Get answers to your nutrition and healthy eating questions. Visit www.eatrightontario.ca or call us toll-free at 1-877-510-510-2.
Get answers to your nutrition & healthy eating questions.
Call us toll-free† at 1-877-510-510-2 to speak directly with a Registered Dietitian.
Do you or someone you know think about food or body size in a way that prevents you from enjoying life? Thoughts and behaviours like this can lead to eating disorders. Learn more about the different types of these conditions and where to seek help.
Eating disorders are conditions where individuals are obsessed with food, eating and their body size. This obsession takes over their everyday behaviours and daily thoughts. Individuals with eating disorders use unhealthy behaviours to try to gain control over their lives. Having an eating disorder and being on a diet are not the same thing – but frequent dieting can be the first step in developing an eating disorder.
The types of eating disorders we usually hear about include anorexia nervosa, bulimia nervosa and binge eating disorder.
Someone with anorexia nervosa uses unhealthy practices (for example, starvation) to restrict their food intake. This condition commonly begins around puberty. Individuals with anorexia nervosa believe that by controlling their food intake they will be able to control whatever else is going on in their lives.
Some warning signs include:
A person with anorexia nervosa may have any one or a combination of these signs. They may also have some of the signs of bulimia nervosa. Anorexia nervosa can be a serious and life threatening condition. It is important to seek professional help.
For more information: National Eating Disorder Information Centre
Bulimia nervosa is when a person goes through cycles of bingeing and purging. First, bingeing happens, which is when a person eats a large amount in an uncontrolled way and in a short time period. After bingeing, some form of purging happens (for example, vomiting or taking laxatives) to get rid of the food they have eaten.
Some early warning signs include:
Other warning signs include:
Binge eating disorder (also known as compulsive eating) is common in people who are overweight or obese. Binge eating is different from bulimia because someone with binge eating disorder will not use purging behaviours (like vomiting or laxatives) to get rid of the food. People with binge eating disorder usually overeat to numb their feelings and comfort themselves emotionally.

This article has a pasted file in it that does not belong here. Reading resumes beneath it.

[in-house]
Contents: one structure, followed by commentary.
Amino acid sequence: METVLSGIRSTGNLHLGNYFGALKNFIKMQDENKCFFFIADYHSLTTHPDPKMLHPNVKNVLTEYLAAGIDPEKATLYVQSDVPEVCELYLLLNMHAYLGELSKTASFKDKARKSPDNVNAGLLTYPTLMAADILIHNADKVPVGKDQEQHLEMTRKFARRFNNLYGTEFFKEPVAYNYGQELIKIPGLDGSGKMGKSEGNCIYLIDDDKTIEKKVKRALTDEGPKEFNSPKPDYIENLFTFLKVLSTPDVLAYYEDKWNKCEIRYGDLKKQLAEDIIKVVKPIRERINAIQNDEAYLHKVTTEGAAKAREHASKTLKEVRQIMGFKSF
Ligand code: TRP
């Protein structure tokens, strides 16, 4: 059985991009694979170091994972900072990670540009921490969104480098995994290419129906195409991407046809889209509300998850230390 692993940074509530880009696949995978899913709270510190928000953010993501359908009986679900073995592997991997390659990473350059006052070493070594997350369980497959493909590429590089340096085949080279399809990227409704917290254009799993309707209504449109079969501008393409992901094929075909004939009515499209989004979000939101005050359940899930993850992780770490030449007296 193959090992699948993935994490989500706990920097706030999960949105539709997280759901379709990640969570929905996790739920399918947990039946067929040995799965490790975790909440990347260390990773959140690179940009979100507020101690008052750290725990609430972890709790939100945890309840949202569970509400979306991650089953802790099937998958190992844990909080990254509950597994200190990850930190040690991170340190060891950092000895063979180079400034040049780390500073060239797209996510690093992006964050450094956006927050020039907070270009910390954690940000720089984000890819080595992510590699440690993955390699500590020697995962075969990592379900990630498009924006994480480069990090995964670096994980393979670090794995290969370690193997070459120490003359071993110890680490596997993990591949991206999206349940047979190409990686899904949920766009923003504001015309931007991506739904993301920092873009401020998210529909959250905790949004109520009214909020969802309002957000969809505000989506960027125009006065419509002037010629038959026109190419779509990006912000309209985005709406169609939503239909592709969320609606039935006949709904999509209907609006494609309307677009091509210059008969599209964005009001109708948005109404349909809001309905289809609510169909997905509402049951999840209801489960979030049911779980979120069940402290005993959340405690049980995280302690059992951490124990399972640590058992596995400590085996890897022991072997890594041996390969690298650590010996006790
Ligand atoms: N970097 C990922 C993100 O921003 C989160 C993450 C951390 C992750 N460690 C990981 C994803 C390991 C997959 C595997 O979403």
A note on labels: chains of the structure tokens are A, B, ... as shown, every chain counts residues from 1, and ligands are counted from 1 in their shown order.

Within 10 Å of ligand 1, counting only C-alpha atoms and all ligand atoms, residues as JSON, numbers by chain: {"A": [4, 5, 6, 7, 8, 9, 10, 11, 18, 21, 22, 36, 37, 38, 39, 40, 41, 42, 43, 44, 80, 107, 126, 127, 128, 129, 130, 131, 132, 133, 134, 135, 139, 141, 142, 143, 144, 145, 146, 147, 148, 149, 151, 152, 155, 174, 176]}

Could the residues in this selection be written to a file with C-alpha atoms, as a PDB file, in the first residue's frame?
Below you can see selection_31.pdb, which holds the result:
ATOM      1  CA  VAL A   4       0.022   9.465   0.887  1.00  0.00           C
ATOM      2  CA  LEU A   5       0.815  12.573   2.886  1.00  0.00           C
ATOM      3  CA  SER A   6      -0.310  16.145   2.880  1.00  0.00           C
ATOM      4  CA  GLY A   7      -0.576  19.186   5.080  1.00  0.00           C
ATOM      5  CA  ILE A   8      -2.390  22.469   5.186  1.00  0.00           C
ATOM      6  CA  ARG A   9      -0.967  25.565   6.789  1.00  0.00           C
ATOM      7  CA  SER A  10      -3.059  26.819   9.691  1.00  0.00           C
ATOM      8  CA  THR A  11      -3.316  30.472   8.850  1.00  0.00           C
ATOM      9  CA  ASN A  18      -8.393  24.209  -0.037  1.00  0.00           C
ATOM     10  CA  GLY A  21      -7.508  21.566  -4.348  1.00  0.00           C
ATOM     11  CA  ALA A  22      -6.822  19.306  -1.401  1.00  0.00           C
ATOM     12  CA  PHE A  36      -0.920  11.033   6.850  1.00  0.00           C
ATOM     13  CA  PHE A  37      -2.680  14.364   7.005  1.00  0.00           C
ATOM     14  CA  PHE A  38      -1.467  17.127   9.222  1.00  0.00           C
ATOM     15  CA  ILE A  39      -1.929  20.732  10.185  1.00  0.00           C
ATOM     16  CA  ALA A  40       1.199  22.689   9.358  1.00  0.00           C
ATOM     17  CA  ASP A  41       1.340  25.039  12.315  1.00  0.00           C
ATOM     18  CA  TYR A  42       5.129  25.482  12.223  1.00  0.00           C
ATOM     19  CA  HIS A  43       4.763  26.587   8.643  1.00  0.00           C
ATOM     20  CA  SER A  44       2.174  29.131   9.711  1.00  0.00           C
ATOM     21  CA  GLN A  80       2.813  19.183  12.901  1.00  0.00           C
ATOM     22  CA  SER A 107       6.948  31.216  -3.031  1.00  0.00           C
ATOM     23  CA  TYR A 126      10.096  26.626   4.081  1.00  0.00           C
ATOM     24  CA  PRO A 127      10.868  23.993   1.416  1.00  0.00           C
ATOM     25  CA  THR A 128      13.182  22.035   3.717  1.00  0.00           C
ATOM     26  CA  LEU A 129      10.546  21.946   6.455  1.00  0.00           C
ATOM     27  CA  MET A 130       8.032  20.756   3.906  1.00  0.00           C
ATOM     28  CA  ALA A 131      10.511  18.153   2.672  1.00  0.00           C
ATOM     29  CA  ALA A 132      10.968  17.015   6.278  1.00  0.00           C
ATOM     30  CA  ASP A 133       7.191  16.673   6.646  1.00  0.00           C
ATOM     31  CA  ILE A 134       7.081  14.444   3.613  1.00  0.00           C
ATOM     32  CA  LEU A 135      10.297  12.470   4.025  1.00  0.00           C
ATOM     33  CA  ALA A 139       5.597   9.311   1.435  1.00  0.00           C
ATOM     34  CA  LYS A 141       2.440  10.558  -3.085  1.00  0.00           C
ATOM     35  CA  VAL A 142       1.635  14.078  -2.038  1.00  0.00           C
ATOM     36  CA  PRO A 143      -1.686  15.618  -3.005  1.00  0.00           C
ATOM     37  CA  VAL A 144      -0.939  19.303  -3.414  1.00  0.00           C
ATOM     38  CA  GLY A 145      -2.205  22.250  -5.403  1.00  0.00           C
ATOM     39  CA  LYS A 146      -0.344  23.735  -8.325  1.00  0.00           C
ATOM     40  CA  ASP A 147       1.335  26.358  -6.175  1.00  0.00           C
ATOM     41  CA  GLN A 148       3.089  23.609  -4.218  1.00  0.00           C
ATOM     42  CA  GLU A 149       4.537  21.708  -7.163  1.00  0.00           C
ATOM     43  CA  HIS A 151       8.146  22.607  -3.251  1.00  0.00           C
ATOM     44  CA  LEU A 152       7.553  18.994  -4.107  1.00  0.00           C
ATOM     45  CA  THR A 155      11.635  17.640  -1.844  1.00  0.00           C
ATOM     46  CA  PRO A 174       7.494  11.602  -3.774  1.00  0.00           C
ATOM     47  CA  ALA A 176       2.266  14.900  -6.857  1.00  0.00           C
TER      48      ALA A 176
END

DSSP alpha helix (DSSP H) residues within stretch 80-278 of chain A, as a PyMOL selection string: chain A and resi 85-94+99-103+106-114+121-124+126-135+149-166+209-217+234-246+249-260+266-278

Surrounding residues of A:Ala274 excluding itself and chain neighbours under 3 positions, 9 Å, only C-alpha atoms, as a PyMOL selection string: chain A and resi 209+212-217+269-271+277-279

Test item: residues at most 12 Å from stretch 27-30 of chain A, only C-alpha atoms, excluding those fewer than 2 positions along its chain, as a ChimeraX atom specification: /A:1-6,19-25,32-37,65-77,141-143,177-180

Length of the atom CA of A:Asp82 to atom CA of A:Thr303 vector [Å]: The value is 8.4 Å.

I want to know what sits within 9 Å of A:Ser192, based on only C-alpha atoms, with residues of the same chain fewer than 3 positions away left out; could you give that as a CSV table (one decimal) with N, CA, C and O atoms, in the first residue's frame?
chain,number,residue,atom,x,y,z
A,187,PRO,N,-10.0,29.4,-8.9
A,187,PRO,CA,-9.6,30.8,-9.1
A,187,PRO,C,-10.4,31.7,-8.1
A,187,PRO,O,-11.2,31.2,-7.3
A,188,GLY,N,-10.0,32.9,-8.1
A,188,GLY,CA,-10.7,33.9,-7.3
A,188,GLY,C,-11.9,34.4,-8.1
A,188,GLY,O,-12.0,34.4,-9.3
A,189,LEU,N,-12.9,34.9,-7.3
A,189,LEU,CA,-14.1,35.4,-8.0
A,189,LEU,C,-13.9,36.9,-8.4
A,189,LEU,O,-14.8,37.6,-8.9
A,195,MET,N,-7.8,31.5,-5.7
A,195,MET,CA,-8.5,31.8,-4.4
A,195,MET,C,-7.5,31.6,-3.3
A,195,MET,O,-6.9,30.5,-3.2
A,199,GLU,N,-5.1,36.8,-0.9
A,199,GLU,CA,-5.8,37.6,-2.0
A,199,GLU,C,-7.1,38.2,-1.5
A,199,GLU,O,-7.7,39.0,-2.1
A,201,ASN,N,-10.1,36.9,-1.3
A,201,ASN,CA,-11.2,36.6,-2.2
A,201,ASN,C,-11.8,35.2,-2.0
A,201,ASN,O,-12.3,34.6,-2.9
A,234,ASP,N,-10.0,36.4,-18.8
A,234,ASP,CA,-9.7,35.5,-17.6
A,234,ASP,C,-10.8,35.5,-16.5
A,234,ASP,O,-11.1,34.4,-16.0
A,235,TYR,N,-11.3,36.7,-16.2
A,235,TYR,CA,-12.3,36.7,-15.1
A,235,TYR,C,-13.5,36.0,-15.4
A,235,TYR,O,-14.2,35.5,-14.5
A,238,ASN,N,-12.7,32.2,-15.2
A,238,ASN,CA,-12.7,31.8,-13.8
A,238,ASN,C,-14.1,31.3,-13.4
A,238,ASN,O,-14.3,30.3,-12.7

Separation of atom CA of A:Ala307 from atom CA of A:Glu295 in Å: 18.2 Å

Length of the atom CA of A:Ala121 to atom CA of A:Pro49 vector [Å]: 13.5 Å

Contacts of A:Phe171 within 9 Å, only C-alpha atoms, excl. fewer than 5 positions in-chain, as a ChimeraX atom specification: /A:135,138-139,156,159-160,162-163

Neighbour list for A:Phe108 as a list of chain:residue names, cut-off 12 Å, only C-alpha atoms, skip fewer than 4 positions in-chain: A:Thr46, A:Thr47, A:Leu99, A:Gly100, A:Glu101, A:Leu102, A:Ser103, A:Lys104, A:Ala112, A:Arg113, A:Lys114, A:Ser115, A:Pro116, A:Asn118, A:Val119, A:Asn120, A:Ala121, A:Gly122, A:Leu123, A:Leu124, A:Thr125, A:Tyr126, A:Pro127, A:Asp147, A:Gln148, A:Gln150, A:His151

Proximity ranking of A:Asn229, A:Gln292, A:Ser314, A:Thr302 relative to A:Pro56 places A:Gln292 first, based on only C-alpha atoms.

People do recover from eating disorders but professional help is usually required. It is important to seek help as soon as possible because the longer someone suffers from an eating disorder, the more difficult it can be to treat. Eating disorders should be diagnosed by a physician. Getting help for an eating disorder may include some or all of the following care:
Depending on the situation, some individuals may need to go into a hospital or treatment centre. Support groups and services can also be a resource for friends and families of individuals with an eating disorder.
It is not always easy to tell if someone has an eating disorder. Individuals with eating disorders try very hard to keep their behaviours a secret. If you think you know someone with an eating disorder, you can help by:
Eating disorders can cause physical and mental damage, not just to the individual but to their loved ones as well. Seeking professional help is very important and can sometimes be life saving. While people with eating disorders try to hide the problem, there are warning signs you can see. Talk to your friend or family member if you’re worried. It may take a long time for the individual to seek professional help, but you can make a difference by offering your support and encouraging them while they try to get healthy again.
The National Eating Disorder Information Centre
Canadian Mental Health Association
Hopewell Eating Disorders Support Centre
There are many services available in Ontario. To find help in your area:
Call EatRight Ontario at 1-877-510-510-2
This site is maintained by Dietitians of Canada.
Copyright © Dietitians of Canada 2016. All rights reserved.
Dietitians of Canada acknowledges the financial support of EatRight Ontario by the Ontario government. The views expressed do not necessarily reflect those of the Province.